Source: Deep Learning on Medium
Machine learning is a discipline full of frictions and tradeoffs but none more important like the balance between accuracy and interpretability. In principle, highly accurate machine learning models such as deep neural networks tend to be really hard to interpret while simpler models like decision trees fall short in many sophisticated scenarios. Conventional machine learning wisdom tell us that accuracy and interpretability are opposite forces in the architecture of a model but its that always the case? Can we build models that are both highly performant and simple to understand? Researchers from IBM recently published a paper that proposes a statistical method for improving the performance of simpler machine learning models using the knowledge from more sophisticated models.
Finding the right balance between performance and interpretability in machine learning models is far from being a trivial endeavor. Psychologically, we are more attracted towards things we can explain while the homo- economicus inside us prefers the best outcome for a given problem. Many real world data science scenarios can be solved using both simple and highly sophisticated machine learning models. In those scenarios, the advantages of simplicity and interpretability tend to outweigh the benefits of performance.
The Advantages of Machine Learning Simplicity
The balance between transparency and performance can be described as the relationship between research and real world applications. Most artificial intelligence(AI) research these days is focused on uberly sophisticated disciplines such as reinforcement learning or generative models. However, when comes to practical applications the trust in simpler machine learning models tend to prevail. We see this all the time with complex scenarios in computational biology and economics being solved using simple sparse linear models or complex instrumented domains such as semi-conductor manufacturing addressed using decision trees. There are many practical advantages to simplicity in machine learning models that can’t be easily overlooked until you are confronted with a real world scenario. Here are some of my favorites:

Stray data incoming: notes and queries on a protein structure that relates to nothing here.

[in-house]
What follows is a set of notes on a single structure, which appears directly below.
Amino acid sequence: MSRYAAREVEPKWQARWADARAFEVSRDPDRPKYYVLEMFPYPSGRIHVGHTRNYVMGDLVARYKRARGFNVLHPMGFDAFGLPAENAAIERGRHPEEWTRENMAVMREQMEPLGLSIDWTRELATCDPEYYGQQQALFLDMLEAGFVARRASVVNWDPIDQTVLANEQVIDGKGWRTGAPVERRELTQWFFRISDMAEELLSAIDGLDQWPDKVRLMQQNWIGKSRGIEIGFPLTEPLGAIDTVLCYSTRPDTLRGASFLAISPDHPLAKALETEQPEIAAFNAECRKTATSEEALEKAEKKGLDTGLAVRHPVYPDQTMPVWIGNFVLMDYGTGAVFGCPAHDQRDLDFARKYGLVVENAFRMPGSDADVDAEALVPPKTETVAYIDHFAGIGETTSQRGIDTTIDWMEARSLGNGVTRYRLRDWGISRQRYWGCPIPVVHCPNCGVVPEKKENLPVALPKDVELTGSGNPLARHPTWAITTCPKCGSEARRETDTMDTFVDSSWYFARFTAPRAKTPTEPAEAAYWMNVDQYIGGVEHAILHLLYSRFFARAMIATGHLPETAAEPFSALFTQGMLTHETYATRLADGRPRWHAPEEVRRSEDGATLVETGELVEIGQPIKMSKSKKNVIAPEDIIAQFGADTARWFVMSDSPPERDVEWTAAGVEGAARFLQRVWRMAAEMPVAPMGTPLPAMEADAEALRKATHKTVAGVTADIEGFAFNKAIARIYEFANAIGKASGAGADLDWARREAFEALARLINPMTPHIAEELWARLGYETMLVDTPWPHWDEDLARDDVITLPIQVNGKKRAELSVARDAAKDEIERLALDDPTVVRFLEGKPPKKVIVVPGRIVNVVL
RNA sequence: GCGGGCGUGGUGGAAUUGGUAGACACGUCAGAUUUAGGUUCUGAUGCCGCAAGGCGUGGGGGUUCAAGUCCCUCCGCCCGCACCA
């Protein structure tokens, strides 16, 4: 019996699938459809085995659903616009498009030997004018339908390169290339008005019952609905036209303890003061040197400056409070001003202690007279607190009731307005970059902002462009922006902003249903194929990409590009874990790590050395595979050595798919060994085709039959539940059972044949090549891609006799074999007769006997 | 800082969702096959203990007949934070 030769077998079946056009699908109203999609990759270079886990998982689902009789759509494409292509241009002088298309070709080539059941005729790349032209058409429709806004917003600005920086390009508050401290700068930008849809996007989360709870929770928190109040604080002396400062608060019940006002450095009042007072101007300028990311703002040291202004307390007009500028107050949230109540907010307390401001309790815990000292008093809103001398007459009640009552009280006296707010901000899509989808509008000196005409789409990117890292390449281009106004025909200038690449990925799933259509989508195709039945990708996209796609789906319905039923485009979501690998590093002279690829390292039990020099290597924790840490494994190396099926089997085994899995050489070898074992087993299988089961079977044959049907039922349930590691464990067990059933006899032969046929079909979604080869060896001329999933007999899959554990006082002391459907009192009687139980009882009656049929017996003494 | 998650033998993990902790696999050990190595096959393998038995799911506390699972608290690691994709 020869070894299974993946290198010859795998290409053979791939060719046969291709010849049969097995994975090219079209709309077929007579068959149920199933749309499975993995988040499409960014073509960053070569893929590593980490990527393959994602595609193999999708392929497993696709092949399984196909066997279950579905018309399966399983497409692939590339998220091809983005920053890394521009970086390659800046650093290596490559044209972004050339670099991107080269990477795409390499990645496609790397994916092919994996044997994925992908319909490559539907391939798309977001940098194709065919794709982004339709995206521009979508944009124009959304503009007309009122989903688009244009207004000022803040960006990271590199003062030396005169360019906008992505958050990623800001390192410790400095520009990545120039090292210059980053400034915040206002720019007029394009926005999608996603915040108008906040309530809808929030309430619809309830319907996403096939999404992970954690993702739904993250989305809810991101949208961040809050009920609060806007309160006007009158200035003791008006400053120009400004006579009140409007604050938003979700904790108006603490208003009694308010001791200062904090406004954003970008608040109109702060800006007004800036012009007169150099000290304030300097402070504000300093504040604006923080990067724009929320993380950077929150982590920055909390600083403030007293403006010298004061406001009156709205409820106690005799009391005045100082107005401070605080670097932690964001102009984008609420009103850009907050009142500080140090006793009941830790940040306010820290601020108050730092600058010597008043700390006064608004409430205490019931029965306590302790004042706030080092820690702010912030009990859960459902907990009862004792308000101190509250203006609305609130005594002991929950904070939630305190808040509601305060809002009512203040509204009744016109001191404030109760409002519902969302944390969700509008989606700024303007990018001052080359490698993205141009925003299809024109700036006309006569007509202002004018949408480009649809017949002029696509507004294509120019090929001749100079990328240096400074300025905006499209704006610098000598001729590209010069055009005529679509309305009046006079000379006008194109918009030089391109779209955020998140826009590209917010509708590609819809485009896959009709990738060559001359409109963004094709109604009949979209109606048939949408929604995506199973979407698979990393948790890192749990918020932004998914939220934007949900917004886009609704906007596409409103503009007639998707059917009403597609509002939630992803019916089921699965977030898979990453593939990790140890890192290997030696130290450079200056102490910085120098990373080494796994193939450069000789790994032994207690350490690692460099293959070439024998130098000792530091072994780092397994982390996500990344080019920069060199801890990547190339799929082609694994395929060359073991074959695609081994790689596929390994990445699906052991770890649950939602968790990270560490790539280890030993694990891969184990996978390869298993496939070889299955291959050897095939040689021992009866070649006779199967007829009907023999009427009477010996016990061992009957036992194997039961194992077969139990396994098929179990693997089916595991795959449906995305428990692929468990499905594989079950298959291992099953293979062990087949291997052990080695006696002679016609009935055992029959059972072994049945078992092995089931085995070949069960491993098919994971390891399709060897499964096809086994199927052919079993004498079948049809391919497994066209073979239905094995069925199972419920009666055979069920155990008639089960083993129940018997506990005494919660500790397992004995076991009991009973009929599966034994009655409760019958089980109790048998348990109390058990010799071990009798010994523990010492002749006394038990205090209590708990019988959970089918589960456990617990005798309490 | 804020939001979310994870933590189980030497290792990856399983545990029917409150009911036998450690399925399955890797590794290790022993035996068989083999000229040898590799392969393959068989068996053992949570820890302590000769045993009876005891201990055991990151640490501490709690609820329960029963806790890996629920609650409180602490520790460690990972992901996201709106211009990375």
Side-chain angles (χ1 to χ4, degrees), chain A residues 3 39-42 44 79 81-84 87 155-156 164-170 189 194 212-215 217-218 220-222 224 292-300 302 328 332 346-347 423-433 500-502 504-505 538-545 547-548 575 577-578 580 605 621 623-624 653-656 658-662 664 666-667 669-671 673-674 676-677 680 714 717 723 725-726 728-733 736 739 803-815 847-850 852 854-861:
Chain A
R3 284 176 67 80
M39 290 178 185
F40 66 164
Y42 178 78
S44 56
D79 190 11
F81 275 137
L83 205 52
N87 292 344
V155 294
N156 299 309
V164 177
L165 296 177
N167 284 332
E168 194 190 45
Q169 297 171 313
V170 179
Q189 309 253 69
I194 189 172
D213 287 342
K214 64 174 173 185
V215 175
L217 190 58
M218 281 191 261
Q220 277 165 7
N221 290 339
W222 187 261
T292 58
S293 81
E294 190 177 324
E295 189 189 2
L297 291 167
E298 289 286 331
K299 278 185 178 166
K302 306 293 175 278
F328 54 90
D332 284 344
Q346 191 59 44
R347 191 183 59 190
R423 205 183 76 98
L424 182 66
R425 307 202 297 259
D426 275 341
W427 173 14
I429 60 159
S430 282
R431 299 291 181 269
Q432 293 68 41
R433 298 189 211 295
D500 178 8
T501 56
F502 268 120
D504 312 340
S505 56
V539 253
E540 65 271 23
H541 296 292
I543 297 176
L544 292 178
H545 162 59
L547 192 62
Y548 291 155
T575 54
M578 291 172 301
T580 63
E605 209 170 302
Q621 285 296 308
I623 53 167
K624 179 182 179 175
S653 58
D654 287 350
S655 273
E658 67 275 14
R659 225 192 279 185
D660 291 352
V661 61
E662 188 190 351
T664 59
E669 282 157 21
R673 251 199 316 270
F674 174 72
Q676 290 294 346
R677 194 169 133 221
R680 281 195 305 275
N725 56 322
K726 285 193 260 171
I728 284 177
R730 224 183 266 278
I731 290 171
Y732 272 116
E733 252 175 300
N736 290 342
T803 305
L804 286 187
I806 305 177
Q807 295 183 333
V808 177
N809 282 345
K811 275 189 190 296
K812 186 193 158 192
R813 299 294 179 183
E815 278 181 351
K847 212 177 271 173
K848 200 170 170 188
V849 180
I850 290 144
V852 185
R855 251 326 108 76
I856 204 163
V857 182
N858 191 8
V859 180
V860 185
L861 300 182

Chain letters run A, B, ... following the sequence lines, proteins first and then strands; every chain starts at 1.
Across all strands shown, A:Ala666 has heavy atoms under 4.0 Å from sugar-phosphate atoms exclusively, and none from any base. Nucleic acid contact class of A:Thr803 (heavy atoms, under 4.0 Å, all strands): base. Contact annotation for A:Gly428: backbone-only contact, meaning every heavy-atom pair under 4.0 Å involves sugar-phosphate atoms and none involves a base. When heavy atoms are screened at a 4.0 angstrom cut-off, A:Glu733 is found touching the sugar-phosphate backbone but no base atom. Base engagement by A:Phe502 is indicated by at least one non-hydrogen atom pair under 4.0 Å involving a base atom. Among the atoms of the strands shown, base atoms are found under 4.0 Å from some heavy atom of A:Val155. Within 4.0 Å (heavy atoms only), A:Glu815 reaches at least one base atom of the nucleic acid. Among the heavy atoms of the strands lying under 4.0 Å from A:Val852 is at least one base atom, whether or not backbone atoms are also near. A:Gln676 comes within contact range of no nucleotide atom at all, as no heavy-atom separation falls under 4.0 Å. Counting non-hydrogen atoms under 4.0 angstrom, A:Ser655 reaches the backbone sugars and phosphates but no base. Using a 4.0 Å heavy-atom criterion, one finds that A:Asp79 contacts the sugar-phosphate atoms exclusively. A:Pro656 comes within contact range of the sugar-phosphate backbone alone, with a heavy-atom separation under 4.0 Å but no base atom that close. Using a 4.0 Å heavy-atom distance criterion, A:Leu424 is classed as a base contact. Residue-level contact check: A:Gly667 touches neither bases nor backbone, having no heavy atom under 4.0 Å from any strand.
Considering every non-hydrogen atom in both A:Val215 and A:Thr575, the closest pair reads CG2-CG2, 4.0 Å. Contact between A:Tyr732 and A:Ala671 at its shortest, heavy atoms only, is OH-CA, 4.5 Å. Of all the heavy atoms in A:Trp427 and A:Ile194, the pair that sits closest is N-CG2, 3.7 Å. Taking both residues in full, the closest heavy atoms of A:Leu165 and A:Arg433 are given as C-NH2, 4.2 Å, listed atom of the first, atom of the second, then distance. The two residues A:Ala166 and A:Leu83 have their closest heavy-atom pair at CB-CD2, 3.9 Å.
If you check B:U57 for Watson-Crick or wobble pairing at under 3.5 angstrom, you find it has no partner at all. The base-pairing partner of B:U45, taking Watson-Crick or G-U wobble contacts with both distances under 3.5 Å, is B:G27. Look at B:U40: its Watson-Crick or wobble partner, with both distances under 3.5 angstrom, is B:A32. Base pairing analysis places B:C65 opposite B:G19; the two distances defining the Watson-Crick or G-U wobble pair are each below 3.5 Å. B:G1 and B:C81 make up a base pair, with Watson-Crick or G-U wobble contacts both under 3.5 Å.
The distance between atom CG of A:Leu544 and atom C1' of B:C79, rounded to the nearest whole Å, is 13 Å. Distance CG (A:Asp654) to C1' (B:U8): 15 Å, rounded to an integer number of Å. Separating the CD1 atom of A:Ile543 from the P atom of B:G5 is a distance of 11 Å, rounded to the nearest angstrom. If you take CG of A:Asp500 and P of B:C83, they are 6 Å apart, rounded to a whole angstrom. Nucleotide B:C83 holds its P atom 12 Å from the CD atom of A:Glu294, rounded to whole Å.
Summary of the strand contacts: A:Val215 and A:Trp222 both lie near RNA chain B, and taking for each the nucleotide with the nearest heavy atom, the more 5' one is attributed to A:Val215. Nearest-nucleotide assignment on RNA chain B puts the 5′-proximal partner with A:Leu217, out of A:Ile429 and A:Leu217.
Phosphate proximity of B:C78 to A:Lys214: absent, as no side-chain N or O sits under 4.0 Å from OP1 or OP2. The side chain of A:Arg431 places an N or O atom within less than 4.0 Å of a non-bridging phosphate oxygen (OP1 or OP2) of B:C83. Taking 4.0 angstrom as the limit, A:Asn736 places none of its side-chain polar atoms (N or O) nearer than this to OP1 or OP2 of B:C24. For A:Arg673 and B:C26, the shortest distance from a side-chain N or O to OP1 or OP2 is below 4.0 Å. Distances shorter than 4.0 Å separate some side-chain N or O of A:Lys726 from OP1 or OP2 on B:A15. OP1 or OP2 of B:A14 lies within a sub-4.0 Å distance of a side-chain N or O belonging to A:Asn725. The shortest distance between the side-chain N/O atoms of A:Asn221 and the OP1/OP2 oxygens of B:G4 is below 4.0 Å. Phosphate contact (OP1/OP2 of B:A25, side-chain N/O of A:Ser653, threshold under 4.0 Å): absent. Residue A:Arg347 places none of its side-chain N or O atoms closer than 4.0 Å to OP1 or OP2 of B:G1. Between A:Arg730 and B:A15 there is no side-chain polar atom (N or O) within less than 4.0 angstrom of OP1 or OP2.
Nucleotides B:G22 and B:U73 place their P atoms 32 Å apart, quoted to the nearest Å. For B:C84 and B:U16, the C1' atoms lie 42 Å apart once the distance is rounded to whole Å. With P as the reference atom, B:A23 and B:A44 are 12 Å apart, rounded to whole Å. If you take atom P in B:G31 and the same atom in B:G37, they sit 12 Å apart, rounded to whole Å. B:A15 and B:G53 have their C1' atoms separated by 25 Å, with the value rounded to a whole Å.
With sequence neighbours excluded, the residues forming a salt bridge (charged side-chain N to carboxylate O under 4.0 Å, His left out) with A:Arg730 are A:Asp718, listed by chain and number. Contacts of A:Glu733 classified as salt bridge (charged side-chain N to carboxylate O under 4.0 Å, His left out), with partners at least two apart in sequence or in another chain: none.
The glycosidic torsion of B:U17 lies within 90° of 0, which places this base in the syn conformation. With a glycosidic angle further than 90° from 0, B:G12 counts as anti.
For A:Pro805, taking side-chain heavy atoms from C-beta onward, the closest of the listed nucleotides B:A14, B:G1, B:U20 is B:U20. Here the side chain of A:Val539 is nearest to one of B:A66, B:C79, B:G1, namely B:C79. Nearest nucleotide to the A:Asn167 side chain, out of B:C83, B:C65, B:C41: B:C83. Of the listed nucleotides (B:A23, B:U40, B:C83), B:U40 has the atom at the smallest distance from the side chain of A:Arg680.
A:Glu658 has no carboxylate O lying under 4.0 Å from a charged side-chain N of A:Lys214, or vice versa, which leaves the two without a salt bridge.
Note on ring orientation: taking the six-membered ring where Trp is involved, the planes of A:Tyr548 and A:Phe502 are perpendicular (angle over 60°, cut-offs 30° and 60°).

· Small Datasets: Companies usually have limited amounts of usable data collected for their business problems. As such, simple models are many times preferred here as they are less likely to overfit the data and in addition can provide useful insight.
· Resource-Limited Environments: Simple models are also useful in settings where there are power and memory constraints.
· Trust: Simpler models inspired trust in domain experts which are often responsible for the results of the models.
Despite the significant advantages of simplicity in machine learning models, we can’t simply neglect the benefits of top performant models. However, what if we could improve the performance of simpler machine learning models using the knowledge from more sophisticated alternatives? This is the path that IBM researchers decided to follow with a new method called ProfWeight.